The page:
Asian spot liquefied natural gas (LNG) prices fell for the sixth straight week to their lowest level in more than two years, while European LNG prices also declined on weak demand and high inventories.
The average LNG price for July delivery into northeast Asia was down 5.3% from the previous week at $9 per million British thermal units (mmBtu), according to industry estimates, the lowest since April 2021. Asia LNG prices have not risen week-over-week in the 22 weeks since mid-December.
“Market fundamentals are still quite bearish in Europe in terms of gas storage and domestic consumption, which could continue to weigh on prices in the near term,” said Ryhana Rasidi, LNG analyst at analytics firm Kpler.
Prices also fell in northeastern Asia this week as inventories remained healthy, she said.
Weak downstream demand and high storage levels were driving Asian prices lower, consultancy Rystad Energy said in a note late on Wednesday, adding there were fears that limited demand could further the downward trend.
“We expect the latter half of 2023 to be supported by weather-driven demand in Europe and Asia,” Rystad said.
Samuel Good, head of LNG pricing at commodity pricing agency Argus, said the prospect of greater supply in northeast Asia weighed on northeast Asian delivered prices this week.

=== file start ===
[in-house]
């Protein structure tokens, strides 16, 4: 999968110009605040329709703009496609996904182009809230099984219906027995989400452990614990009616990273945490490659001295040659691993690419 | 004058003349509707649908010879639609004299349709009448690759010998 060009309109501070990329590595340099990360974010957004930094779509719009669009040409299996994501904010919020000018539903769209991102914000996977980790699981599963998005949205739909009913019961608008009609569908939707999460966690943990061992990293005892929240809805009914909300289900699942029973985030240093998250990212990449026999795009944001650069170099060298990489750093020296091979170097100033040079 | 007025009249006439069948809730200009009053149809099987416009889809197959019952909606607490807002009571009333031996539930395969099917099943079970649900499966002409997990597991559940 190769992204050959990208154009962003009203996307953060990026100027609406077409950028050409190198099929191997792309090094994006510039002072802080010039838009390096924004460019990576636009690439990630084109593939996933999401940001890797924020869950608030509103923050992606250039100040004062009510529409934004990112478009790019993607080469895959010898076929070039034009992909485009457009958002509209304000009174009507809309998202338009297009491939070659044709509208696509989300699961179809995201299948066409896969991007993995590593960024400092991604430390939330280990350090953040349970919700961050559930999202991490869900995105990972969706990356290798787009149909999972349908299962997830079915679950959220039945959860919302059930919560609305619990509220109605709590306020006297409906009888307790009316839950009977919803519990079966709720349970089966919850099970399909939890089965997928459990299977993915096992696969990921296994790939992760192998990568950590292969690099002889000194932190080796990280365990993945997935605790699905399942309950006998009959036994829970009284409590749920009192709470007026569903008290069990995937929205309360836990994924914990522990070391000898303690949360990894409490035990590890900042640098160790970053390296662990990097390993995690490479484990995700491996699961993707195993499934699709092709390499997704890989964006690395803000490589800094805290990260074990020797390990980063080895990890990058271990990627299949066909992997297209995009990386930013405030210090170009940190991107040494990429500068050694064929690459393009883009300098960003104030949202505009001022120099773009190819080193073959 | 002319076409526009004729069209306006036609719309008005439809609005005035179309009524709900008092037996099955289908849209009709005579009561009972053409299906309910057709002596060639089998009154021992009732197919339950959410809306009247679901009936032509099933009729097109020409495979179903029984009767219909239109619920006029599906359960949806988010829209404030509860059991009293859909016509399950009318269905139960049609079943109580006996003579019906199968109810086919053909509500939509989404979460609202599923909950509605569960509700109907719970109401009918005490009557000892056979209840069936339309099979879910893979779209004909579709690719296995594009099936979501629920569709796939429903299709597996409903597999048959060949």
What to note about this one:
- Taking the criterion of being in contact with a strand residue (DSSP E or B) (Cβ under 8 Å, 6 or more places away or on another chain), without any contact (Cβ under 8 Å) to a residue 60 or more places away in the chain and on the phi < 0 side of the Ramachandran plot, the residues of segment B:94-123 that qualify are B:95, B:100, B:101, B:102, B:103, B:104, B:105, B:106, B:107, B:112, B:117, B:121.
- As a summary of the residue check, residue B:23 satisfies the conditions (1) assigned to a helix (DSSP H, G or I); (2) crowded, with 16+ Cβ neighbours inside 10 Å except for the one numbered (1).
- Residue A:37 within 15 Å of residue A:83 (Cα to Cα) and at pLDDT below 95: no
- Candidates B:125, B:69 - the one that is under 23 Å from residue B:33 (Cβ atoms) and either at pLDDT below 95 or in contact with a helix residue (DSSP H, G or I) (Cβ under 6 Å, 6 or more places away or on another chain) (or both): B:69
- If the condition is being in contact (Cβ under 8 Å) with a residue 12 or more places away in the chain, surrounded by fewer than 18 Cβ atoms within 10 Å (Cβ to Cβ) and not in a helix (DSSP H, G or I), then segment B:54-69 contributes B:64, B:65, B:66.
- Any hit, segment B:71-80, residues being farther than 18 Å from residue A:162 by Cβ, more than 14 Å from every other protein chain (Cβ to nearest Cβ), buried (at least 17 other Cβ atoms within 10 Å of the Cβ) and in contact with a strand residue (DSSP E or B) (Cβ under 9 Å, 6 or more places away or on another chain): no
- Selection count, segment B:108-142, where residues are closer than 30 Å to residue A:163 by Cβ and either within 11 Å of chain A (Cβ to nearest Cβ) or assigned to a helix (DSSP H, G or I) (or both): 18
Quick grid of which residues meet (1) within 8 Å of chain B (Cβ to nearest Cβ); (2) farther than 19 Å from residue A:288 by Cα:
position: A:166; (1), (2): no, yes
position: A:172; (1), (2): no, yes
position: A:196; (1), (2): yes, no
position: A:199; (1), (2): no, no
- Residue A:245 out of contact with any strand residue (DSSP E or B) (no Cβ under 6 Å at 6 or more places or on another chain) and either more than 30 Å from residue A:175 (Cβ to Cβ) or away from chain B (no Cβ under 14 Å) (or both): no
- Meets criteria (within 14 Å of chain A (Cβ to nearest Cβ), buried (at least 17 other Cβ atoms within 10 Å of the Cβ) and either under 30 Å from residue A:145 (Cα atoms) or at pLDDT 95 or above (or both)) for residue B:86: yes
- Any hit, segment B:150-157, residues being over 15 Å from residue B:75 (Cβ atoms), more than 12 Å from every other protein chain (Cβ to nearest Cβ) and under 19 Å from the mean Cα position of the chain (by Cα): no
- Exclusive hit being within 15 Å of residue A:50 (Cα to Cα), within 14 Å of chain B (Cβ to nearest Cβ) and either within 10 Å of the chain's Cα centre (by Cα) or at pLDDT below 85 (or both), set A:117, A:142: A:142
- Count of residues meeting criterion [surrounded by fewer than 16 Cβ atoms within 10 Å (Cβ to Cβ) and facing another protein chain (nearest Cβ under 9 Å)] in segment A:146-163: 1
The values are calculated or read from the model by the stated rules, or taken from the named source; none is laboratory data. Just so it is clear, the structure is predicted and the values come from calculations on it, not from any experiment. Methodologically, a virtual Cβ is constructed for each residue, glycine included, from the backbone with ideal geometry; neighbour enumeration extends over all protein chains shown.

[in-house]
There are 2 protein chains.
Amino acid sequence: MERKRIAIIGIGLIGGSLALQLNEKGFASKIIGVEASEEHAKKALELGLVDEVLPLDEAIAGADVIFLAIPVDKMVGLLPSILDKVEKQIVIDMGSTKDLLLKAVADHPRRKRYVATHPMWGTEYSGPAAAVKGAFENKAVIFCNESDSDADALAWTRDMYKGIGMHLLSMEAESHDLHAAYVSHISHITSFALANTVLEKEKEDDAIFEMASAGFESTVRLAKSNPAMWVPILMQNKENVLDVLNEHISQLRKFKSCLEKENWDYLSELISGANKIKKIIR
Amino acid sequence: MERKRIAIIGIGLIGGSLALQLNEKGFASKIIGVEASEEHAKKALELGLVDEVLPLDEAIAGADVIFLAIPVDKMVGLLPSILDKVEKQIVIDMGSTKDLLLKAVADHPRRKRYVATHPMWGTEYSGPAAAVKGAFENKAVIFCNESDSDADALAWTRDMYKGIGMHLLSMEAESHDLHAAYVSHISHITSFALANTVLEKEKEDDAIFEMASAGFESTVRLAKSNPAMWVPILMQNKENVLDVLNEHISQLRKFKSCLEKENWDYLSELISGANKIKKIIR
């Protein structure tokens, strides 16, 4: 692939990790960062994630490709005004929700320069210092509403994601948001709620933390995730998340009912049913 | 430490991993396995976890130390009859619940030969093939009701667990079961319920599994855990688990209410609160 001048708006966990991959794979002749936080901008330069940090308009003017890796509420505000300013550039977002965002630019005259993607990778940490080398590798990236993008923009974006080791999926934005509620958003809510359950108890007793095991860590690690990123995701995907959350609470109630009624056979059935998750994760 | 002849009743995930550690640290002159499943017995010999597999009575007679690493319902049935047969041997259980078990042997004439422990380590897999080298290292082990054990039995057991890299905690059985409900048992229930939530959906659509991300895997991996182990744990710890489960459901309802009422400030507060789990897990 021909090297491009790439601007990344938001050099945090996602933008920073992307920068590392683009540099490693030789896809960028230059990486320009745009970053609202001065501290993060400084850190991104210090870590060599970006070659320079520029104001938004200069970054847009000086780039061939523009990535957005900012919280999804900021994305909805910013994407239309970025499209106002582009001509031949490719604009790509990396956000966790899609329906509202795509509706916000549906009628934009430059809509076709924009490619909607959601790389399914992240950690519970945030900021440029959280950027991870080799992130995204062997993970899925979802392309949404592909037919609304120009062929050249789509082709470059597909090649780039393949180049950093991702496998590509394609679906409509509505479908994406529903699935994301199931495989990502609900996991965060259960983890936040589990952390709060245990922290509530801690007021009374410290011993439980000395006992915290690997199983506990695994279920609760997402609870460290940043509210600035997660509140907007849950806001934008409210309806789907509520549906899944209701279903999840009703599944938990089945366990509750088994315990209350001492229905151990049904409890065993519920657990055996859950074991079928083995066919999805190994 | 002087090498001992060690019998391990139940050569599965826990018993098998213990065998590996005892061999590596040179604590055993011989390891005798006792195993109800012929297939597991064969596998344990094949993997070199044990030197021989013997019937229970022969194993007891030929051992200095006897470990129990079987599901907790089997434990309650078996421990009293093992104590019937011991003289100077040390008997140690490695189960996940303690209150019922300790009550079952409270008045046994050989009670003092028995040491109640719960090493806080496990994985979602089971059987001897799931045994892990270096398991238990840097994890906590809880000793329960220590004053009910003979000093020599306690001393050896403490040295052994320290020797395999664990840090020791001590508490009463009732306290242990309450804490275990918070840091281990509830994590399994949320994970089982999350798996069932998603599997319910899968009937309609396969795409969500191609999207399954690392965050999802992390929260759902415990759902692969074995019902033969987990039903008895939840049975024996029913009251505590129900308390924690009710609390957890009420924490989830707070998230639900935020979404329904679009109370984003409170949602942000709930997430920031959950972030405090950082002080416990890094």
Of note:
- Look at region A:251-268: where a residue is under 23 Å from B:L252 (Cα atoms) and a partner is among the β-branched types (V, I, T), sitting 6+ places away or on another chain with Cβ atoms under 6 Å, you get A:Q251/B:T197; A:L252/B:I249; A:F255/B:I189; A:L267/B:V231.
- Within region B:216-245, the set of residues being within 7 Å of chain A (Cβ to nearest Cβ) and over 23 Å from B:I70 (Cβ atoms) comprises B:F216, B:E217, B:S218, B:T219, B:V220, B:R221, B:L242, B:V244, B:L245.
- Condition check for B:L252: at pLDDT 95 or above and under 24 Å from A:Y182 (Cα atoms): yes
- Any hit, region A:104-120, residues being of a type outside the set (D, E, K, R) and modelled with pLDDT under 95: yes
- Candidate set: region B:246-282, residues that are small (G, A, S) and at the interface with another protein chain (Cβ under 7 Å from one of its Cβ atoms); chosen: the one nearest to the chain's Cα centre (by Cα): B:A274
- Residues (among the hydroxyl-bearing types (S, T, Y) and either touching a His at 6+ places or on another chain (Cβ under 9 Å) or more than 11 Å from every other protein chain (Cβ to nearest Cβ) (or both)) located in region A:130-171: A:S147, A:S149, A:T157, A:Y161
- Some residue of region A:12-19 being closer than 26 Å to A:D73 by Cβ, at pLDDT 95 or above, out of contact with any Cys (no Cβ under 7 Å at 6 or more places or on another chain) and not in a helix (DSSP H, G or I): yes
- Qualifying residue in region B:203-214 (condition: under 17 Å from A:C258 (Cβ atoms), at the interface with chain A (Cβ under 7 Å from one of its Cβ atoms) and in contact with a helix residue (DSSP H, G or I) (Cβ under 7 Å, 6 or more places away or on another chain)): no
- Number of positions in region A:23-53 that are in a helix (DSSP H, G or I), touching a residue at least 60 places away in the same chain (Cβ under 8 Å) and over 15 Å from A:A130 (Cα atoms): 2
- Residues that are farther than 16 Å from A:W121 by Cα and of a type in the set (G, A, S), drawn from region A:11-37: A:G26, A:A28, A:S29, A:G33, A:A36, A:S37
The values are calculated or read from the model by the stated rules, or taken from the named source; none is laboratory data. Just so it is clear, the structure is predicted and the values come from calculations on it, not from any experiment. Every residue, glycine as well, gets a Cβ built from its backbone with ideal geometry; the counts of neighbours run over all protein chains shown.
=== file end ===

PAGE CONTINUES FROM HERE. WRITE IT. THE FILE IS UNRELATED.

“Questions remain whether northeast Asia could absorb enough LNG to balance the global market, with lower prices having only a limited impact on spurring that demand that has been absent in the past year,” Good said.
“Downstream demand has continued to remain weak in the broader region, even as spot LNG prices have made the fuel more competitive in some of its power sectors,” he said.
In Europe, traders and consumers are watching for cues on the reopening of Norway’s Hammerfest LNG plant, which was shut down this week after a leak.
Operator Equinor said on Wednesday it was too soon to say when production would resume.
Hammerfest LNG, Europe’s only such large-scale project, can process 18.4 million cubic metres (mcm) of gas per day when fully operational.
Argus assessed its daily north-west Europe LNG Marker (NWM) price benchmark for cargoes delivered in July on an ex-ship (DES) basis at $7.15/mmBtu on May 31, a $0.91/mmBtu discount to the July gas price at the Dutch gas TTF hub.
Spot LNG freight rates firmed this week, with Atlantic spotrates recovering from near one-year lows to $38,250/day on Thursday, and Pacific rates surging to $40,000/day, according to Edward Armitage, an analyst at Spark Commodities.